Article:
Red tape reduction to benefit home owners

By Emma Ryan 19 August 2020 | 1 minute read

The recently announced reduction in red tape for trades is a step in the right direction and has the potential to benefit home owners, according to the HIA.

Red tape reduction to benefit home owners

On Monday, 17 August, the federal Treasurer announced that he and the state and territory treasurers have agreed to a new process to recognise licensed trades qualifications across state borders.

The move is a welcome initiative that has the potential to benefit both tradespeople and home owners, said Kristin BrookfieldBrookfield, QLD Brookfield, VIC Brookfield, QLD, HIA chief executive, industry policy. 

“Currently, tradespeople in any given state need to apply for a licence to work in another state or seek recognition under existing mutual recognition arrangements. This involves time, money and often confusion, and in some cases additional qualifications are needed,” she said.

“It means that a tradesperson moving interstate for any reason – family, career advancement or to assist in times of natural disasters – has to navigate state-specific hurdles before they can do tomorrow what they do today in their home state.


“By agreeing to look at changing the requirements for mutual recognition, the Treasurers have made an important decision to cut red tape that can help the flow of workers now while COVID-19 is changing work opportunities and into the future as the economy begins to rebuild.”

Further, Ms Brookfield said an automatic mutual recognition licence scheme “would obviate the need for more than one licence to be held, thereby saving a licence holder associated licence costs and duplication of paperwork”.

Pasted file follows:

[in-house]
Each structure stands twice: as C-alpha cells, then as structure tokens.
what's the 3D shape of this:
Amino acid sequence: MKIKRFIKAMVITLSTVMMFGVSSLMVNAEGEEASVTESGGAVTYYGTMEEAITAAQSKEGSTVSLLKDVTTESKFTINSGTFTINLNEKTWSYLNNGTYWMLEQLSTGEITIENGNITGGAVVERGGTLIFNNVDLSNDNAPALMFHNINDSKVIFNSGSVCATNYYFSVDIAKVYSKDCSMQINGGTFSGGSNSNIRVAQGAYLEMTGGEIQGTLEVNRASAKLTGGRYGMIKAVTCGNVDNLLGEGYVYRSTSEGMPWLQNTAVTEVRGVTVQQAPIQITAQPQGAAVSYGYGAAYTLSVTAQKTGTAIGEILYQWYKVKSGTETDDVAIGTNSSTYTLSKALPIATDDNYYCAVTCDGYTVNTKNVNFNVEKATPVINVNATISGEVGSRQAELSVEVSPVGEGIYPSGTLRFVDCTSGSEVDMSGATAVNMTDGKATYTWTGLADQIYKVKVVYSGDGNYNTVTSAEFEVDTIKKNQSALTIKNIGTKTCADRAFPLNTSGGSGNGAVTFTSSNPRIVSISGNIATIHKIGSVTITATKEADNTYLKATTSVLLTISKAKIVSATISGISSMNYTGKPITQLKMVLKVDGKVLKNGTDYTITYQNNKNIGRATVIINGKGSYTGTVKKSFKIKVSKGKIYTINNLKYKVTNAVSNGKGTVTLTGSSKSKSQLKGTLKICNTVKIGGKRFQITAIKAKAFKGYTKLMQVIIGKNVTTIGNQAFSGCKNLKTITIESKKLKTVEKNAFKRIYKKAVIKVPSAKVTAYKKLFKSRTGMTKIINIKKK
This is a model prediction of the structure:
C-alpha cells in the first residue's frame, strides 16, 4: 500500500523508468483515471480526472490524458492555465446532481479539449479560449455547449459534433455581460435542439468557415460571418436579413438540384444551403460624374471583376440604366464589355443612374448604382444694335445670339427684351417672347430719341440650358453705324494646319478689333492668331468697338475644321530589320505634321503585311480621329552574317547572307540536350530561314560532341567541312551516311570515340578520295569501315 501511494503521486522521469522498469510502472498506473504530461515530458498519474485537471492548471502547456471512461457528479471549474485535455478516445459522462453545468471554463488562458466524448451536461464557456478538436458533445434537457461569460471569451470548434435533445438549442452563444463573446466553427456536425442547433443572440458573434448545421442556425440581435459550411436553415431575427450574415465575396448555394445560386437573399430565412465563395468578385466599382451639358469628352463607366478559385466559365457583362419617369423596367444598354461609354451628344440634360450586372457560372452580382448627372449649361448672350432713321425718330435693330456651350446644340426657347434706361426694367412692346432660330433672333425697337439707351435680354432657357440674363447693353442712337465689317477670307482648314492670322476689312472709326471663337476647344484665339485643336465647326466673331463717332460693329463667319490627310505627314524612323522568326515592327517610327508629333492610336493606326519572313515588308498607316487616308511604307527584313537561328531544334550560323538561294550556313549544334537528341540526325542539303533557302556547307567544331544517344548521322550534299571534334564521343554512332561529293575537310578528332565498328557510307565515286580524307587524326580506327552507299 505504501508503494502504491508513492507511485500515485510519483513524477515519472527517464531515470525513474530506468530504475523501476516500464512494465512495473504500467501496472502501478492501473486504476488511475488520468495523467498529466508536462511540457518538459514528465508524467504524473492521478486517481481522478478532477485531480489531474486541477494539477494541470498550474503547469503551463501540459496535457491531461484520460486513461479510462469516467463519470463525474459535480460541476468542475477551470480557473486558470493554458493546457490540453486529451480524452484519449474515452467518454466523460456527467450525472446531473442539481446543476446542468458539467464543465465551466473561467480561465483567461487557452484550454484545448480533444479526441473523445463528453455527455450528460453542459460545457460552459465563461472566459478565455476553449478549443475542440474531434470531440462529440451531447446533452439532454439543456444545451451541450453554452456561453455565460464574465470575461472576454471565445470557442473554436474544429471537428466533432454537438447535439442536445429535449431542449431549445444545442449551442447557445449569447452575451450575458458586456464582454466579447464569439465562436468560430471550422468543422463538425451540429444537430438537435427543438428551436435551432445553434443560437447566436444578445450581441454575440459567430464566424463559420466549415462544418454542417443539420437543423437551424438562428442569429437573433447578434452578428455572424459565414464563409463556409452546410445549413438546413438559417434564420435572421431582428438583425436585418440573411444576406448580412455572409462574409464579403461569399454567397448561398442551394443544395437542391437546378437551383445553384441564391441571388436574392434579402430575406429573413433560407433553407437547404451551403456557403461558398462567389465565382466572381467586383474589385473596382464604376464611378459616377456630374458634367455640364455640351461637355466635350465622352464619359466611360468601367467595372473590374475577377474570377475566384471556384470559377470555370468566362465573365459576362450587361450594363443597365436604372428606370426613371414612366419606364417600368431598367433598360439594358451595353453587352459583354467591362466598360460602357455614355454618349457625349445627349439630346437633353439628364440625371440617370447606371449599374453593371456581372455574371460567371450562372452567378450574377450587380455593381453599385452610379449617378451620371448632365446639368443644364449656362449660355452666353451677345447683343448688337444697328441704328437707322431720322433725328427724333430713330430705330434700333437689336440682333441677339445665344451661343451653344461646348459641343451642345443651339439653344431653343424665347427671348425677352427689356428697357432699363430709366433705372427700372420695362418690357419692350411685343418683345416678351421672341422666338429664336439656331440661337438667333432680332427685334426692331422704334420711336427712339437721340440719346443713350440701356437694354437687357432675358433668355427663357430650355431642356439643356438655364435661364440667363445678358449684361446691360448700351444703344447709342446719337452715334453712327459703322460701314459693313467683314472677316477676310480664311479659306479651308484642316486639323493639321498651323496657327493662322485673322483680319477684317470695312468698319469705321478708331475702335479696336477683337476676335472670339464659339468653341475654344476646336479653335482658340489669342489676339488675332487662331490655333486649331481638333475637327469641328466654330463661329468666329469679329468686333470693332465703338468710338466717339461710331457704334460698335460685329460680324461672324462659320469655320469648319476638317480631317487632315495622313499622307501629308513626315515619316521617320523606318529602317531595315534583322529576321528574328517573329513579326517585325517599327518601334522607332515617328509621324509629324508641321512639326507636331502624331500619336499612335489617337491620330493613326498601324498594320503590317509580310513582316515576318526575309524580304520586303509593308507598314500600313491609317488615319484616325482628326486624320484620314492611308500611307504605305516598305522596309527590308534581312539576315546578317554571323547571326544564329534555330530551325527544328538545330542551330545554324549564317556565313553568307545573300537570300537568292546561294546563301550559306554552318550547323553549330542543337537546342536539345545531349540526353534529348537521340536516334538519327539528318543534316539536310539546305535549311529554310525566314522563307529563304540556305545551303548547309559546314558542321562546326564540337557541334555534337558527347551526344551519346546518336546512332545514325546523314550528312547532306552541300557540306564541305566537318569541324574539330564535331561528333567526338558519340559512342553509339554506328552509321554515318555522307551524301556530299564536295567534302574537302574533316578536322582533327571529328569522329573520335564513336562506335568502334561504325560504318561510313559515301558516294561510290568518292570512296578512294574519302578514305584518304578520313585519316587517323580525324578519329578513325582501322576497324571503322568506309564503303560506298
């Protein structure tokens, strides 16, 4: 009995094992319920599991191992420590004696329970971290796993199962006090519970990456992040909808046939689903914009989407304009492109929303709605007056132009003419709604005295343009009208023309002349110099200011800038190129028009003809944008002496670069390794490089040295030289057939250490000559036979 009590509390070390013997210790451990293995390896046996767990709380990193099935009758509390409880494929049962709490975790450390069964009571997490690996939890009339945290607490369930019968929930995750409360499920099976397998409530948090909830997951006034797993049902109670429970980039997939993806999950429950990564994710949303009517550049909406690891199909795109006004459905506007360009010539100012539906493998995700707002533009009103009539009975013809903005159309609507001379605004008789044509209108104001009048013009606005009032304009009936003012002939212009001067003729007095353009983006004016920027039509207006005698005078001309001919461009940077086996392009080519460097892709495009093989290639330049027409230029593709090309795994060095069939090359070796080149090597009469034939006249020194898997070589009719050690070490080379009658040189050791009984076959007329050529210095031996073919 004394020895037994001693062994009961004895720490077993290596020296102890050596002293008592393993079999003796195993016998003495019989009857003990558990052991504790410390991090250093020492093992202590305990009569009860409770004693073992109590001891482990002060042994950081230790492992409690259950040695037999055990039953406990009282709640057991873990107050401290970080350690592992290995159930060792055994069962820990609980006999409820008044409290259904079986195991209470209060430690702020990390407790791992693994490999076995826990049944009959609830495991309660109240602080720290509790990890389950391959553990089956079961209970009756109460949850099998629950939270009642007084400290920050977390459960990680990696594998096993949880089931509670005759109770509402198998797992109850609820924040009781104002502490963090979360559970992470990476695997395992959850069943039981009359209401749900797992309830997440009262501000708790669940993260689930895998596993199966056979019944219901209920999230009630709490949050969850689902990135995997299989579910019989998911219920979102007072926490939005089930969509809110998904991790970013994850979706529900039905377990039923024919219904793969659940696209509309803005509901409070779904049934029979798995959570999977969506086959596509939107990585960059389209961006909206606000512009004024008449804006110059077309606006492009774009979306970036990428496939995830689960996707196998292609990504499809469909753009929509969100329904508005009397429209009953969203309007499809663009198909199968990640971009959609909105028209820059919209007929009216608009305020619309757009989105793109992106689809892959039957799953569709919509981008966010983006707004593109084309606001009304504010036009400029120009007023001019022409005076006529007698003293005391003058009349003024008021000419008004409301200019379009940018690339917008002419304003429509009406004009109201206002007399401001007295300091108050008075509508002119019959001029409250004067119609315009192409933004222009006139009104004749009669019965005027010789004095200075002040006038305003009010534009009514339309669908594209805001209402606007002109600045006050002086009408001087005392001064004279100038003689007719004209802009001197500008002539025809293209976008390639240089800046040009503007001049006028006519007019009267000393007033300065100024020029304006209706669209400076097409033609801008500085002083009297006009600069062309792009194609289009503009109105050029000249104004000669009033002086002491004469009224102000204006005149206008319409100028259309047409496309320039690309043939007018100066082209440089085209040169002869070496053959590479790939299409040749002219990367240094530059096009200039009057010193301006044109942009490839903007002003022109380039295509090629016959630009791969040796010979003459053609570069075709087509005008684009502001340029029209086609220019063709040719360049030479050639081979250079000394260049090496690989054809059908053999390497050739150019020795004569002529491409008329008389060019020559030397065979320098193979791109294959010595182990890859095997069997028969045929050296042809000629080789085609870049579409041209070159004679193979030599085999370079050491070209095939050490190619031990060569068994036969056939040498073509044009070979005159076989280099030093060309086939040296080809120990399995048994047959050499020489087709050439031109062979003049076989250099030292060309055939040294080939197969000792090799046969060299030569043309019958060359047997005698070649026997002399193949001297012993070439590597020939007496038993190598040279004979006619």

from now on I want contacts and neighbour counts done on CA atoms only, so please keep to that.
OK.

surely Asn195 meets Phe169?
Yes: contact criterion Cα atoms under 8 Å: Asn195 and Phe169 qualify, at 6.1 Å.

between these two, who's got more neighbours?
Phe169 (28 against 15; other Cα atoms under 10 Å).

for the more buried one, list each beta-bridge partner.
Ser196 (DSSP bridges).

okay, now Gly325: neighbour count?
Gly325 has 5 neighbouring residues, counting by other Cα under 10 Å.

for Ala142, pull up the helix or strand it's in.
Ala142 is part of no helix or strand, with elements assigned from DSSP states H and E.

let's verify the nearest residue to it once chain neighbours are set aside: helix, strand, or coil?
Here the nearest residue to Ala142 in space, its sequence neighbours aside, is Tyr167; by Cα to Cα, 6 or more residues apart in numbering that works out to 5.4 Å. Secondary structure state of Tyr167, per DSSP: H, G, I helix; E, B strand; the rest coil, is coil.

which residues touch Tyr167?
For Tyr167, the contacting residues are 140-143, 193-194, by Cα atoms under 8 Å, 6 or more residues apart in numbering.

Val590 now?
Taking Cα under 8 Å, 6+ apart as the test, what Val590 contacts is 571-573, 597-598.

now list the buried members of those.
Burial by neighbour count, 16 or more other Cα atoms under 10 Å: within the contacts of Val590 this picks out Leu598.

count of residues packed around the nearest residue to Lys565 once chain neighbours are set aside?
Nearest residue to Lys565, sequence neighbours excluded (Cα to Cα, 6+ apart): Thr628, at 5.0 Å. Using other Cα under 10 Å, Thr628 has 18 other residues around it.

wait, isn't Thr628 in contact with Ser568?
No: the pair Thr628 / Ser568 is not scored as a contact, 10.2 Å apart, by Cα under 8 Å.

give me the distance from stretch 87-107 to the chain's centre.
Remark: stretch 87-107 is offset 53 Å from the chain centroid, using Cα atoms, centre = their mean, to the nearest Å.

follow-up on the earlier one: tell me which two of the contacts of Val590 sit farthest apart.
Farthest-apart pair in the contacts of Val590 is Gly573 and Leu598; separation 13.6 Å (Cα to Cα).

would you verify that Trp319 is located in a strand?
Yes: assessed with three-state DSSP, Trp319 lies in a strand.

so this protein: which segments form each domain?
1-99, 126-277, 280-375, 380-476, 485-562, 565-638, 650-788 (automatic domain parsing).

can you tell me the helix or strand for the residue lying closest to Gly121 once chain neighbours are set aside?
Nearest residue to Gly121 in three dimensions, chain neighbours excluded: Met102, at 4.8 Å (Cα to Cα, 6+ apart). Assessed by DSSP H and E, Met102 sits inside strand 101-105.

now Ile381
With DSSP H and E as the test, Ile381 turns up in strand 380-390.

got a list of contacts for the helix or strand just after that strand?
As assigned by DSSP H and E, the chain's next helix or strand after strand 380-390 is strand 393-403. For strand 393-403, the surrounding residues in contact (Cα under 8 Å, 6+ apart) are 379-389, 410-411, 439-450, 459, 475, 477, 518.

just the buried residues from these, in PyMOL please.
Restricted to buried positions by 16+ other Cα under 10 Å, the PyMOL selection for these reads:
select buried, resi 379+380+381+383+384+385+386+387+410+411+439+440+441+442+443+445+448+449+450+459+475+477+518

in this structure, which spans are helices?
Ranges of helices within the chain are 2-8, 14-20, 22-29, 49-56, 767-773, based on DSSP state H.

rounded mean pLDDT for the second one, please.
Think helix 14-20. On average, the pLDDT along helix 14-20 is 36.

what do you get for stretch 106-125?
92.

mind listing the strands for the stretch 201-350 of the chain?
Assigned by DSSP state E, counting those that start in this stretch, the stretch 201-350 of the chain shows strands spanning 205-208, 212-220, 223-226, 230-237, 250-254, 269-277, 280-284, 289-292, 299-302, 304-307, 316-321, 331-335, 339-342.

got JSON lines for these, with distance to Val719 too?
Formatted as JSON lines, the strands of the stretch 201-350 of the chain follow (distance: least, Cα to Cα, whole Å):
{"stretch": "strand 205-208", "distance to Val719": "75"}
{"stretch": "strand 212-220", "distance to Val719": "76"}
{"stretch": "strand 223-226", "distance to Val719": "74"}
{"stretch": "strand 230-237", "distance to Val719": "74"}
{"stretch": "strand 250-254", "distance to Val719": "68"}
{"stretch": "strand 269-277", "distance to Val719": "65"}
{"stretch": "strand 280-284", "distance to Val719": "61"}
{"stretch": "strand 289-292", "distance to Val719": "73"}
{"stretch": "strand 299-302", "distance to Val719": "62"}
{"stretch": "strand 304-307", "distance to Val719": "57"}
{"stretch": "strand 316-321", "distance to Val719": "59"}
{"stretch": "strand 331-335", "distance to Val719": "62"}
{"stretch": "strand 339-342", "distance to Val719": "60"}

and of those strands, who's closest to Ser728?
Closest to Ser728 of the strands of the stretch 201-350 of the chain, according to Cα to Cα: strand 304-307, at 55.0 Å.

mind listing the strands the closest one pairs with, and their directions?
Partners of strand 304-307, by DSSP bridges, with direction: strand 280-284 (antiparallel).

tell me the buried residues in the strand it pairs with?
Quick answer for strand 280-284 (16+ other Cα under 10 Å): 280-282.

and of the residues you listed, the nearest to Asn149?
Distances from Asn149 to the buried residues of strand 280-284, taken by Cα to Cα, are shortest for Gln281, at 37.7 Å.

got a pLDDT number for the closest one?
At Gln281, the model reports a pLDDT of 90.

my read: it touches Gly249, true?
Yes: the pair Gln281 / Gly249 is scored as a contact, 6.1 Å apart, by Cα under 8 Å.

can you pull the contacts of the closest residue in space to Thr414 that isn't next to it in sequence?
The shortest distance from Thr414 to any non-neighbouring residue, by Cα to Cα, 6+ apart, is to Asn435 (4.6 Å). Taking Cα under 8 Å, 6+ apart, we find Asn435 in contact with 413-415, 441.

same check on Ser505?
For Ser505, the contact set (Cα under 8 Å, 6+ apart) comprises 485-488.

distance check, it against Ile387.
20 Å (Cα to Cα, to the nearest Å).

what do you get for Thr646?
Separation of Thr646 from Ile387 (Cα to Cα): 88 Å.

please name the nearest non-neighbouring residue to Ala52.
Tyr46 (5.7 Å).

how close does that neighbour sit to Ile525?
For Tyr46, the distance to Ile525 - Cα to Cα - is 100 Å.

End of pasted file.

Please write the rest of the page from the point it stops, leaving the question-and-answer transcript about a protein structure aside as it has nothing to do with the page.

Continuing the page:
“Increased trade mobility and the reduction of economic barriers to interstate trade is an admirable and desirable goal,” she said, adding that more effective automatic mutual recognition, particularly for occupational licences, “would also help overcome some of the barriers state-based licensing systems provide when interstate trades attempt to temporarily work in regions affected by natural disasters, such as the bushfires in Victoria in 2009 and floods in Queensland in 2011”.

“At the moment, the trades work in such situations through special permissions and exemptions,” Ms Brookfield explained.

“HIA is supportive of this commitment by the Treasurers, and we look forward to working with the federal, state and territory governments as they develop the details to be released in October.”

About the author

Emma Ryan

Emma Ryan

Emma Ryan is the deputy head of content at Momentum Media.

Emma has worked for Momentum Media since 2015, and has since been responsible for breaking some of the biggest stories in corporate Australia, including across the legal, mortgages, real estate and wealth industries. In addition, Emma has launched several additional sub-brands and events, driven by a passion to deliver quality and timely content to audiences through multiple platforms.

Email Emma on: [email protected]Read more

Red tape reduction to benefit home owners
Red tape reduction to benefit home owners
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